figure 1

a, STM image (300×300 nm) of a reconstructed Cu(111) surface continuously covered by graphene. The rectangular protrusions are single-atom-height Cu adatom clusters, whereas the trench-like features correspond to vacancy islands with well-defined widths of 5 nm and oriented along three particular directions. b, High-resolution STM image of a nanotrench revealing the nanoscale periodic rippling of the graphene membrane suspended over the trench.

Figure 2: Atomic-resolution STM images of graphene nanoripples.
figure 2

a, STM image showing several nanotrenches of different orientations, all exhibiting graphene nanoripples over the trenches with the ripple crests always perpendicular to the trench edges. On the flat regions between the trenches, a Moiré pattern can be observed. b, Atomic-resolution STM image of a nanotrench exhibiting subnanometre graphene ripples. The magnified insets exhibit the honeycomb graphene lattice both over the flat substrate (bottom right) and the rippled region over the trenches (top left). c, Cross-section of the graphene ripples exhibiting a wavelength of 0.7 nm, and an amplitude of 0.05 nm. The extra corrugation of the line can be attributed to the positions of C atoms.

As the curvature of a crystalline membrane becomes commensurate with the lattice constant, the applicability of continuum mechanics becomes uncertain. To verify whether the classical behaviour of graphene observed for micrometre-scale ripples6 remains valid also at the nanoscale, we attempted to interpret the observed graphene nanoripples within the established framework of continuum mechanics. The periodic ripples developed in a compressed thin plate of thickness t suspended over a trench of width L are characterized by16,25:

Here, λ and A are the wavelength and amplitude of the rippling mode developed, and ɛ is the compressive strain along the trench edges.

Although derived and validated at the macroscopic scale, the above formulae have been successfully applied to describe the rippling of suspended (few-layer) graphene sheets at microscopic wavelengths (λ>300 nm; ref. 6). Compelled to apply them to the monolayer, one immediately faces the ambiguity of defining the thickness t for the single layer of C atoms. One approach26 is to assign t = 3.35 Å, that is, the experimentally measured interlayer spacing in graphite. Using parameter values of L = 5 nm (membrane width) and ɛ = 2%, matching our experiments, together with the in-plane Poisson’s ratio (ν = 0.16), these formulae give a wavelength of λtheor = 4.2 nm and an amplitude of Atheor = 2.6 Å. This is in striking contrast with our measurements (λexp = 0.7 nm, Aexp = 0.5 Å). Varying the strain between 0.5% and 5% to account for the experimental uncertainty does not significantly improve the agreement. Another approach is to base our modelling on a plate with effective thickness t = 0.8 Å, derived from atomistically computed in-plane (26.6 eV Å−2) and bending (1.6 eV per atom) constants of the monolayer7,27. This second model predicts a very different rippling mode, of wavelength λtheor = 2 nm and amplitude Atheor = 1.3 Å, which is still in obvious contrast with the experimental findings.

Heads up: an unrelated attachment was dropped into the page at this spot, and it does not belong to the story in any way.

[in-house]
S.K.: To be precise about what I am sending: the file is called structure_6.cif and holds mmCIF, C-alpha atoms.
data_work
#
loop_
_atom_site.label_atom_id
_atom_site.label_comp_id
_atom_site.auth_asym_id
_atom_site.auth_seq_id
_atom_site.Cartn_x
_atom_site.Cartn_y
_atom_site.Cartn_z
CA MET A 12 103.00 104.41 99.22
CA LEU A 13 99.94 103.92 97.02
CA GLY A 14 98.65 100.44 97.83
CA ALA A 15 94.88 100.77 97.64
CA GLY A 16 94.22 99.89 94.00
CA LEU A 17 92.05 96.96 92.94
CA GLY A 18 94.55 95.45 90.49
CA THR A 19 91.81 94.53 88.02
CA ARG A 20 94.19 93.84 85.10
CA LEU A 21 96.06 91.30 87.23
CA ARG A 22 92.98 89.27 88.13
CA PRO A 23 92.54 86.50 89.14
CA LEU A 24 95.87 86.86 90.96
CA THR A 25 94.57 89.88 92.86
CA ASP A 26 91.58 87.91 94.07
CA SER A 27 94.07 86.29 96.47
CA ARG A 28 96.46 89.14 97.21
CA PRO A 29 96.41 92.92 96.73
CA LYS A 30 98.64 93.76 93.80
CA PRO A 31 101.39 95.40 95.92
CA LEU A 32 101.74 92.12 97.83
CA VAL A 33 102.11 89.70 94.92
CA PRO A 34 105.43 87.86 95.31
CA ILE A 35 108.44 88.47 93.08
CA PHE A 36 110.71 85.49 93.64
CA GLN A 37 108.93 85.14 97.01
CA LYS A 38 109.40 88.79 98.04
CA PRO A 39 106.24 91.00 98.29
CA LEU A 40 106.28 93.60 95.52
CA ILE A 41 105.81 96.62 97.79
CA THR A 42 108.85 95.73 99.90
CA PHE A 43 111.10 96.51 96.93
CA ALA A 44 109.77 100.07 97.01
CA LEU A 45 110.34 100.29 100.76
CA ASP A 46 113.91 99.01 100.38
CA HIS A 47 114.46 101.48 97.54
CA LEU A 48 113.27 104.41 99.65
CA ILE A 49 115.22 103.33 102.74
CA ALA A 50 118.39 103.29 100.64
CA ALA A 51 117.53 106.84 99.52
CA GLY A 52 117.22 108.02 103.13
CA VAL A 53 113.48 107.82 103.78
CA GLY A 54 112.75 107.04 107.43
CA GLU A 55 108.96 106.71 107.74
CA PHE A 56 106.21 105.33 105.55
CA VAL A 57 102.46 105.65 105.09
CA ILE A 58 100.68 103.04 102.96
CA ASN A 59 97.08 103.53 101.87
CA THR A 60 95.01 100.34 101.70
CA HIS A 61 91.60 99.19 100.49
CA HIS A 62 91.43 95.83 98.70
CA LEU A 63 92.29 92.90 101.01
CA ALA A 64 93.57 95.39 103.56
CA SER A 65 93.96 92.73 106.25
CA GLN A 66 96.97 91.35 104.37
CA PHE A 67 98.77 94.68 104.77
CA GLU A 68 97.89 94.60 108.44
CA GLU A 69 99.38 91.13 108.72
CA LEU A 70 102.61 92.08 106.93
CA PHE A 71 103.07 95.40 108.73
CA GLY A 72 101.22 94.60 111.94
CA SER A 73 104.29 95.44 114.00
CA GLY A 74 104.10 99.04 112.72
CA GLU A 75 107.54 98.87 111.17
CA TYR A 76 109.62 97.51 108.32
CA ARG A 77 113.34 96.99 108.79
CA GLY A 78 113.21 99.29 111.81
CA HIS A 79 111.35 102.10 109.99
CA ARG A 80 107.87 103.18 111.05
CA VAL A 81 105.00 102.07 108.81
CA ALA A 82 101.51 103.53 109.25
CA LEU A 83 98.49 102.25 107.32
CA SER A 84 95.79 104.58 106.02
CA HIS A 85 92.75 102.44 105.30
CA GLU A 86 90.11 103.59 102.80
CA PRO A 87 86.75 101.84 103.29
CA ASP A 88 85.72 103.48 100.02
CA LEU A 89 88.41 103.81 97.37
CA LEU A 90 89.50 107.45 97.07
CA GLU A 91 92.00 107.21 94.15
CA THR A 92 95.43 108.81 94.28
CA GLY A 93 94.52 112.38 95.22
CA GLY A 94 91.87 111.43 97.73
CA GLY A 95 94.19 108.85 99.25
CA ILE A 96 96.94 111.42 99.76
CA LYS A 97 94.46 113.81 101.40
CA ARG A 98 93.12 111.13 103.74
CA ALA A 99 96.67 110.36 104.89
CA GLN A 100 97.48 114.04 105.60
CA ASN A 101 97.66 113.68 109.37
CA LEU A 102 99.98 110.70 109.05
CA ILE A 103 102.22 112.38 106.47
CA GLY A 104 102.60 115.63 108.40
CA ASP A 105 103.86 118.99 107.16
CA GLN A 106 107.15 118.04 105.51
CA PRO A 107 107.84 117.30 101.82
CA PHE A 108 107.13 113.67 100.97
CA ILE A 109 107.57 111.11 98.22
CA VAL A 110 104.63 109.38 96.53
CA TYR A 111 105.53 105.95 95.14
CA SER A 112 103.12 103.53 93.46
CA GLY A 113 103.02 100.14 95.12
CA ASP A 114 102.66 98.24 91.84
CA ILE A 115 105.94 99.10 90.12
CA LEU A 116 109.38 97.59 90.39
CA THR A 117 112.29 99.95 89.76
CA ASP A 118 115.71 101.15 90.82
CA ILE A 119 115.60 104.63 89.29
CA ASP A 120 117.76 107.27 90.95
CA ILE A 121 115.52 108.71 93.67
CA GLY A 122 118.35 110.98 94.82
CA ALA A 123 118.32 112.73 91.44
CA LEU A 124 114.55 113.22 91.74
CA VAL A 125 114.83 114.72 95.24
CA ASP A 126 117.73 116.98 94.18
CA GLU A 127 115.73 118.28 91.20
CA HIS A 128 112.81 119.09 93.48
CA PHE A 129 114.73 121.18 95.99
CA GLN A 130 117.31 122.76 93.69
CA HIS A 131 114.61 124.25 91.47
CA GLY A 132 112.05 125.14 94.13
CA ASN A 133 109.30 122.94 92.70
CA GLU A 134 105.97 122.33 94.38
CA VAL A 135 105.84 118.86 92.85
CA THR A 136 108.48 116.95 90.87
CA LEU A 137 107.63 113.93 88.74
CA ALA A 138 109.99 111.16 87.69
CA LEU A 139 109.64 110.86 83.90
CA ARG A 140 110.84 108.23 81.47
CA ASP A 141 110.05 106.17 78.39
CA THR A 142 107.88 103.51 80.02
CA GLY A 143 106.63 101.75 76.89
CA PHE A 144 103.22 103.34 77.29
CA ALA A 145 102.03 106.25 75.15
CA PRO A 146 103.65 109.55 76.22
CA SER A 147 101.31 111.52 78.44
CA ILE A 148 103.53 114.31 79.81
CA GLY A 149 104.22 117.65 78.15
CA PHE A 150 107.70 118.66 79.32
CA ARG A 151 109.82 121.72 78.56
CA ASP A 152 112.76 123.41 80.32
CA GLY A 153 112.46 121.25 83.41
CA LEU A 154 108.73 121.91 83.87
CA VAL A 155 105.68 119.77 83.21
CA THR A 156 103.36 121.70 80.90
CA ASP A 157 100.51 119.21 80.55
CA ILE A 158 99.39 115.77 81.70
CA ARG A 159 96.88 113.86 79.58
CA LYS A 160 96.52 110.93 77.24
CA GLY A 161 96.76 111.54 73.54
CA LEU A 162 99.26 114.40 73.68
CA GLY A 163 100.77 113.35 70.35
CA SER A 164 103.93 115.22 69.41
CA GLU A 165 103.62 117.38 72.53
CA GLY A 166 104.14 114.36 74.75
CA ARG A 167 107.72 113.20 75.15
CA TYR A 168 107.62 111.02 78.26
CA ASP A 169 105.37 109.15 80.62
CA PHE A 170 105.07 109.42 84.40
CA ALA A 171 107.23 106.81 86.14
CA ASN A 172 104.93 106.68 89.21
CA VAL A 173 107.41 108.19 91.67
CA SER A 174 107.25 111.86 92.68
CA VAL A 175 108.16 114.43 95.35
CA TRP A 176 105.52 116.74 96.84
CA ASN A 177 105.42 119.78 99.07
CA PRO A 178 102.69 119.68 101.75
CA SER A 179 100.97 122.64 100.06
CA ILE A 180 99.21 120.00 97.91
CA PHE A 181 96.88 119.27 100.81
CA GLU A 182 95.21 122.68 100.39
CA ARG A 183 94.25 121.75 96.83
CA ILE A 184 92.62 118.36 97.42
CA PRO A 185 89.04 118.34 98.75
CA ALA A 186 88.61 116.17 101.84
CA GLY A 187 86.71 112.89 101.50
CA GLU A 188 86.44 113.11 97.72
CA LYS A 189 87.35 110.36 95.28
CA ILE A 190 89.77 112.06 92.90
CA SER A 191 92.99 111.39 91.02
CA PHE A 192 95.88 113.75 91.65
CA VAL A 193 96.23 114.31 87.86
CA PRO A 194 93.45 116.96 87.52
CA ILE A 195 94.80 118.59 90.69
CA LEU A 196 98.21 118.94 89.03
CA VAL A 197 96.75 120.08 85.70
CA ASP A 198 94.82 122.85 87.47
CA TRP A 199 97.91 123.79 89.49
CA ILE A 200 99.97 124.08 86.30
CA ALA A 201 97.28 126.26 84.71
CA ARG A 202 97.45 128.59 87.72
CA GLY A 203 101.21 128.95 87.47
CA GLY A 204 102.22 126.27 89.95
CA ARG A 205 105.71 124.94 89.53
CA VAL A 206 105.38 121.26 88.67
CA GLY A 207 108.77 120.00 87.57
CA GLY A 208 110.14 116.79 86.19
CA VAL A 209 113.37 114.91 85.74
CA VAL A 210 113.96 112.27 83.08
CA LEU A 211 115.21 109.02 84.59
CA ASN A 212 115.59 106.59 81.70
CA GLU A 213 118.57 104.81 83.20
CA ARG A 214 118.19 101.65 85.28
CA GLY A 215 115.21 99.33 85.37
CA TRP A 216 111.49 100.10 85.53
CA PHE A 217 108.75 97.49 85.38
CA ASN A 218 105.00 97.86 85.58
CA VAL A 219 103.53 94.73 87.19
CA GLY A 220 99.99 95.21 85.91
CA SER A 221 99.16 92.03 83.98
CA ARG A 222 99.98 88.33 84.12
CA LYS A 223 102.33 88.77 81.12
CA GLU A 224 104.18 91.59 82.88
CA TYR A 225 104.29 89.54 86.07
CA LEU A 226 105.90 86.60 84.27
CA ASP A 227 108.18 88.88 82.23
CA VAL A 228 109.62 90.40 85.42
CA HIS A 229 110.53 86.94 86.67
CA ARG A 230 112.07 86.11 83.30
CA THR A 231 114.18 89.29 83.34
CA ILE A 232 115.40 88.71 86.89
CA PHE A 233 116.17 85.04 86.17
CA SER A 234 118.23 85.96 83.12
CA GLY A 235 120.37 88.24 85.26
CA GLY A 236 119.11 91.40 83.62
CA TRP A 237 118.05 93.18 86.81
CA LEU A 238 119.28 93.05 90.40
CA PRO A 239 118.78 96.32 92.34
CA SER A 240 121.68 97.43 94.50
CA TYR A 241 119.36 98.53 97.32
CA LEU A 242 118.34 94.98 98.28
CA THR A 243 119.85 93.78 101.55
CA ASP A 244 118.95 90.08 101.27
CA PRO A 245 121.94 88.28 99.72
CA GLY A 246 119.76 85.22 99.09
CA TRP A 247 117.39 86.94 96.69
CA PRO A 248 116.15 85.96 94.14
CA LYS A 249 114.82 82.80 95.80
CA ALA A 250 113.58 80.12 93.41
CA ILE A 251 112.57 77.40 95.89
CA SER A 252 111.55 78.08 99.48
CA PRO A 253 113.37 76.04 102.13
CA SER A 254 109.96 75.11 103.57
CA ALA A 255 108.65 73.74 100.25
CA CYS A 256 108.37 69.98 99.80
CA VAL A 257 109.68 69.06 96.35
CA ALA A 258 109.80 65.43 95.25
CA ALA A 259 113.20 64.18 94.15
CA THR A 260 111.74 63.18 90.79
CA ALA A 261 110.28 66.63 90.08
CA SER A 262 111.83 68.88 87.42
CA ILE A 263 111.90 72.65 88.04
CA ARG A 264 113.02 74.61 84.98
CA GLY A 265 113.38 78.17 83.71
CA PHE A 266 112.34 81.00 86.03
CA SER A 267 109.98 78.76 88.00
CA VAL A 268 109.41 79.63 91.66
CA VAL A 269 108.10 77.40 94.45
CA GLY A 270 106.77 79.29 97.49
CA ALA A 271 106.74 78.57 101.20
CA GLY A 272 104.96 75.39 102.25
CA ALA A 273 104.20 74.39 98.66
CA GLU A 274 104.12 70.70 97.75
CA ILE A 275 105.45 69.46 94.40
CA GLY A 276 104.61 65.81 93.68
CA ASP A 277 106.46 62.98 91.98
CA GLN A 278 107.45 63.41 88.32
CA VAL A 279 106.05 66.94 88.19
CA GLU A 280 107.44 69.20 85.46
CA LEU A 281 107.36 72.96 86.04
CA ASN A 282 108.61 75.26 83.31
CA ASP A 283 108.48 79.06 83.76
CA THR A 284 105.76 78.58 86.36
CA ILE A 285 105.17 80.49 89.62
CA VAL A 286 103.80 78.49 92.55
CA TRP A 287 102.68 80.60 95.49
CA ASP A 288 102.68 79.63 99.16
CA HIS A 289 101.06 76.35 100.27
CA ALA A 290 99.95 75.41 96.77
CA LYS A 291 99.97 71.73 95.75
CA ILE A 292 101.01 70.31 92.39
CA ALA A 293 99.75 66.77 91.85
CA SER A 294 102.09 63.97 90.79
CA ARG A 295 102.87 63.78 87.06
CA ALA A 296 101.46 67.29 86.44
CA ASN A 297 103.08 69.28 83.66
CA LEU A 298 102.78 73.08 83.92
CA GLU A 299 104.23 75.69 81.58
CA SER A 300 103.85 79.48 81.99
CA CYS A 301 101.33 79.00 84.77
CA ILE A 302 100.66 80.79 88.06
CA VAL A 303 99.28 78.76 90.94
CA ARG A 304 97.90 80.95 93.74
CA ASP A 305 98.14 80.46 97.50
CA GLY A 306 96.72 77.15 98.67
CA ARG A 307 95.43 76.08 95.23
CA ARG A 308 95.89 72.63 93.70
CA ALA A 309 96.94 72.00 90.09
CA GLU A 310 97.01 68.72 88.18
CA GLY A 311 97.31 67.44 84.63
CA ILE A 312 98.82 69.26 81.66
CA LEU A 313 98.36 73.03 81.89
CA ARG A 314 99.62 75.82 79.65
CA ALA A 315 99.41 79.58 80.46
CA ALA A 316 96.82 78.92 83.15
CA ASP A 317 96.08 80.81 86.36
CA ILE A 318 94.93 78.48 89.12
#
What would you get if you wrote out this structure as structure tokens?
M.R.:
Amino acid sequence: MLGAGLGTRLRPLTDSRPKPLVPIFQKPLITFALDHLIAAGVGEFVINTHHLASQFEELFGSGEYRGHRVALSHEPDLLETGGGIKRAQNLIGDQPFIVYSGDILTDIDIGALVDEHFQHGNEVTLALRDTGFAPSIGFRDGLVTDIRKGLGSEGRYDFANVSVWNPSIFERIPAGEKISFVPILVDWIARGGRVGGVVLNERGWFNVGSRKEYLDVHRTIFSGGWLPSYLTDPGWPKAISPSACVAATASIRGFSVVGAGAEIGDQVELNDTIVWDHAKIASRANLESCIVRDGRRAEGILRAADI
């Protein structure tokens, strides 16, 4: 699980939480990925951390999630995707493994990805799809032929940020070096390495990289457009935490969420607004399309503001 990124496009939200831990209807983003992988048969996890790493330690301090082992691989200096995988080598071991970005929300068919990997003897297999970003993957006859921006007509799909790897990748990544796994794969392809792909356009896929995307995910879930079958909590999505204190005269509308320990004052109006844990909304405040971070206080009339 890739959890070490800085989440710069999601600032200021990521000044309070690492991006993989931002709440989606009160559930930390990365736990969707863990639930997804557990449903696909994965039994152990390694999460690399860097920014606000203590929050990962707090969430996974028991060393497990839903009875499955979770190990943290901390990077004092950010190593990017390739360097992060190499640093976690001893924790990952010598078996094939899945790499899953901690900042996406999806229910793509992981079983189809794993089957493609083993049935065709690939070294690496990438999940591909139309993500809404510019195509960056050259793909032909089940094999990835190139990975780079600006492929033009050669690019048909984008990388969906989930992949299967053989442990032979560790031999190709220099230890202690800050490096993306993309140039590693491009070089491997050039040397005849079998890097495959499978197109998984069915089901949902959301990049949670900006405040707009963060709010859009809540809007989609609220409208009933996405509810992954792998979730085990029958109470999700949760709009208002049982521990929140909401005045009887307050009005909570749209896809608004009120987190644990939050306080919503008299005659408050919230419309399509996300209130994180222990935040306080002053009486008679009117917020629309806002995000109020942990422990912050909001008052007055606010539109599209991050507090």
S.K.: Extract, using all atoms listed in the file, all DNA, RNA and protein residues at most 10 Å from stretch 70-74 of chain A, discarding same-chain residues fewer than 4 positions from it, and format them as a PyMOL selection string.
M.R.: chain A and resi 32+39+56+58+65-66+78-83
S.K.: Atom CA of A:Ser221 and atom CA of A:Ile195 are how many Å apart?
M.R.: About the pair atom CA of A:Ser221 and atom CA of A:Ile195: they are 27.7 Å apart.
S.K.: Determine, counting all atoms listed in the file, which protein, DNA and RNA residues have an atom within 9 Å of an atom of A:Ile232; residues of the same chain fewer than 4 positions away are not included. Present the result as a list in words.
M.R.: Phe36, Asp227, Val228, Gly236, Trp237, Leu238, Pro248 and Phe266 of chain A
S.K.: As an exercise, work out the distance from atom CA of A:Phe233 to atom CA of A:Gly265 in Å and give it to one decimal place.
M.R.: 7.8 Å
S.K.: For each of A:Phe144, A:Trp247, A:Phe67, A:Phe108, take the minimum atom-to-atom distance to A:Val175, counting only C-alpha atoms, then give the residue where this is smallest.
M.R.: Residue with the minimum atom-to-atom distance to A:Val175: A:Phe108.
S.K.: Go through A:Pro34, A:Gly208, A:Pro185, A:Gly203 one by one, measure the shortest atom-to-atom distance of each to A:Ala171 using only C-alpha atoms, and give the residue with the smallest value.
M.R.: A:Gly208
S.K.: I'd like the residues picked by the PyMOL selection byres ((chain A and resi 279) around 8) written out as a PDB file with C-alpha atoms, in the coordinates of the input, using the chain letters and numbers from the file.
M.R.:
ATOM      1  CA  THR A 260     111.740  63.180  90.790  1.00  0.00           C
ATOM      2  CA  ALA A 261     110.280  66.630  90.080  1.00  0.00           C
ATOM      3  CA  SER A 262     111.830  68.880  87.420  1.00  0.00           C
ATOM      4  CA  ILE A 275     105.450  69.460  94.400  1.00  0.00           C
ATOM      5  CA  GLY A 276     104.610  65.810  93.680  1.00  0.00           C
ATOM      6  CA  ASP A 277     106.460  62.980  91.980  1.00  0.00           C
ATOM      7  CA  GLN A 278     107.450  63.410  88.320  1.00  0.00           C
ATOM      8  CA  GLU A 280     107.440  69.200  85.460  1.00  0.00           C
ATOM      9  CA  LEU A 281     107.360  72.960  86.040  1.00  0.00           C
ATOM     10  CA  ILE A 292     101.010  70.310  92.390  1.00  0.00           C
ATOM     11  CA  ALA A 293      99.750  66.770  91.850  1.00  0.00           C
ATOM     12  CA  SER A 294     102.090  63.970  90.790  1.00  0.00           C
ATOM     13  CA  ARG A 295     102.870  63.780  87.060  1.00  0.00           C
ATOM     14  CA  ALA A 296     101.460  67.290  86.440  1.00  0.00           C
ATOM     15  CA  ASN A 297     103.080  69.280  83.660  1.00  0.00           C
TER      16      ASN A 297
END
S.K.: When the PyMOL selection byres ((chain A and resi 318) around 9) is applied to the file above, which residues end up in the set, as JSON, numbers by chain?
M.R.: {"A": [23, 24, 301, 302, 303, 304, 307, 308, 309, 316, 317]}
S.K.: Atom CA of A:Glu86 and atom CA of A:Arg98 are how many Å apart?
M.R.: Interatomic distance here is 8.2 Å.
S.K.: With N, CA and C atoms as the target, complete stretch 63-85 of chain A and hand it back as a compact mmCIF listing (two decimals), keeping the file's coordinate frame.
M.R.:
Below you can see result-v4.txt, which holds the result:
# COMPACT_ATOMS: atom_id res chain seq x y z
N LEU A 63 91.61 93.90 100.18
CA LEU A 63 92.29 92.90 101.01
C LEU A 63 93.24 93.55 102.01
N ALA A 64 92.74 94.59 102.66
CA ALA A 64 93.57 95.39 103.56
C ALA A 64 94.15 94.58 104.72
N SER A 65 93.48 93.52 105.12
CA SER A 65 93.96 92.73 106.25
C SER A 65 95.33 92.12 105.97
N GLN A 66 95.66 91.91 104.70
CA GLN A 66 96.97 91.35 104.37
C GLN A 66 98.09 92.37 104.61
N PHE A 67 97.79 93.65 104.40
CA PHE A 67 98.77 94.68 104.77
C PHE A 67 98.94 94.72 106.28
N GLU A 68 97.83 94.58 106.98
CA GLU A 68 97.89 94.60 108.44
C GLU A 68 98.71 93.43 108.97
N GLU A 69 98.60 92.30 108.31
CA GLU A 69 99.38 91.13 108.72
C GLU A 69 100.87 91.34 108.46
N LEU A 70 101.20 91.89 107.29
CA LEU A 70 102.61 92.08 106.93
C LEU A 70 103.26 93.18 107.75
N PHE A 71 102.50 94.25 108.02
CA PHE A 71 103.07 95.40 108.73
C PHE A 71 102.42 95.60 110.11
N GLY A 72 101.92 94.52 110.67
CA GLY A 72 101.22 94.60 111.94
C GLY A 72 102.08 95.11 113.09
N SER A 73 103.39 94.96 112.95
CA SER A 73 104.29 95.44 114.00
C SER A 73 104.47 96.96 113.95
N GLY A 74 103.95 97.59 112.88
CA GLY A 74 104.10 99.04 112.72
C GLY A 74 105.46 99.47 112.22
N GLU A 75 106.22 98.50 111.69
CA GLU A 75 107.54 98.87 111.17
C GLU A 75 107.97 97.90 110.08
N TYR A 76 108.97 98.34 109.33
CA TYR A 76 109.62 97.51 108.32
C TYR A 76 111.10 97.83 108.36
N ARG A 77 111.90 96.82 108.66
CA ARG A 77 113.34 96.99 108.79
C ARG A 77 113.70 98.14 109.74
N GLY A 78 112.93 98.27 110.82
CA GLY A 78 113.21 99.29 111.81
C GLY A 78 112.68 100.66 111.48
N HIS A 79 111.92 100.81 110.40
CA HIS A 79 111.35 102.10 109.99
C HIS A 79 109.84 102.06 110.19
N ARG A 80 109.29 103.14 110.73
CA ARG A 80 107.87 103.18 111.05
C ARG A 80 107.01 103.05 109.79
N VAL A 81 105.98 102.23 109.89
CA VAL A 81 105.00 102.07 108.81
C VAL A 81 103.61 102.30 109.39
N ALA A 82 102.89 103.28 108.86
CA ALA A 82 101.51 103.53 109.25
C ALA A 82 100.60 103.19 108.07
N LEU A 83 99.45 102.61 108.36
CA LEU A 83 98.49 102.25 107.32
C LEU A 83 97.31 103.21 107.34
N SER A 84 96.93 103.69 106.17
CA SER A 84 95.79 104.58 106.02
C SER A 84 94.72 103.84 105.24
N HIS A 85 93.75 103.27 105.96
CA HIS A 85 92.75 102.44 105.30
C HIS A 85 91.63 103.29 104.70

Besides the values of the measured individual quantities (λ, A), we have also investigated the validity of the continuum mechanical equations relating them. A particularly useful relation to verify this can be established by combining equations (1a) and (1b). This way one can eliminate the strain (which cannot be accurately measured) and end up with: . When supplying the corresponding parameter values (A = 0.05 nm, λ = 0.7 nm, L = 5 nm, v = 0.16, t = 0.335 nm) the above relation clearly fails by an order of magnitude even for t = 0.8 Å.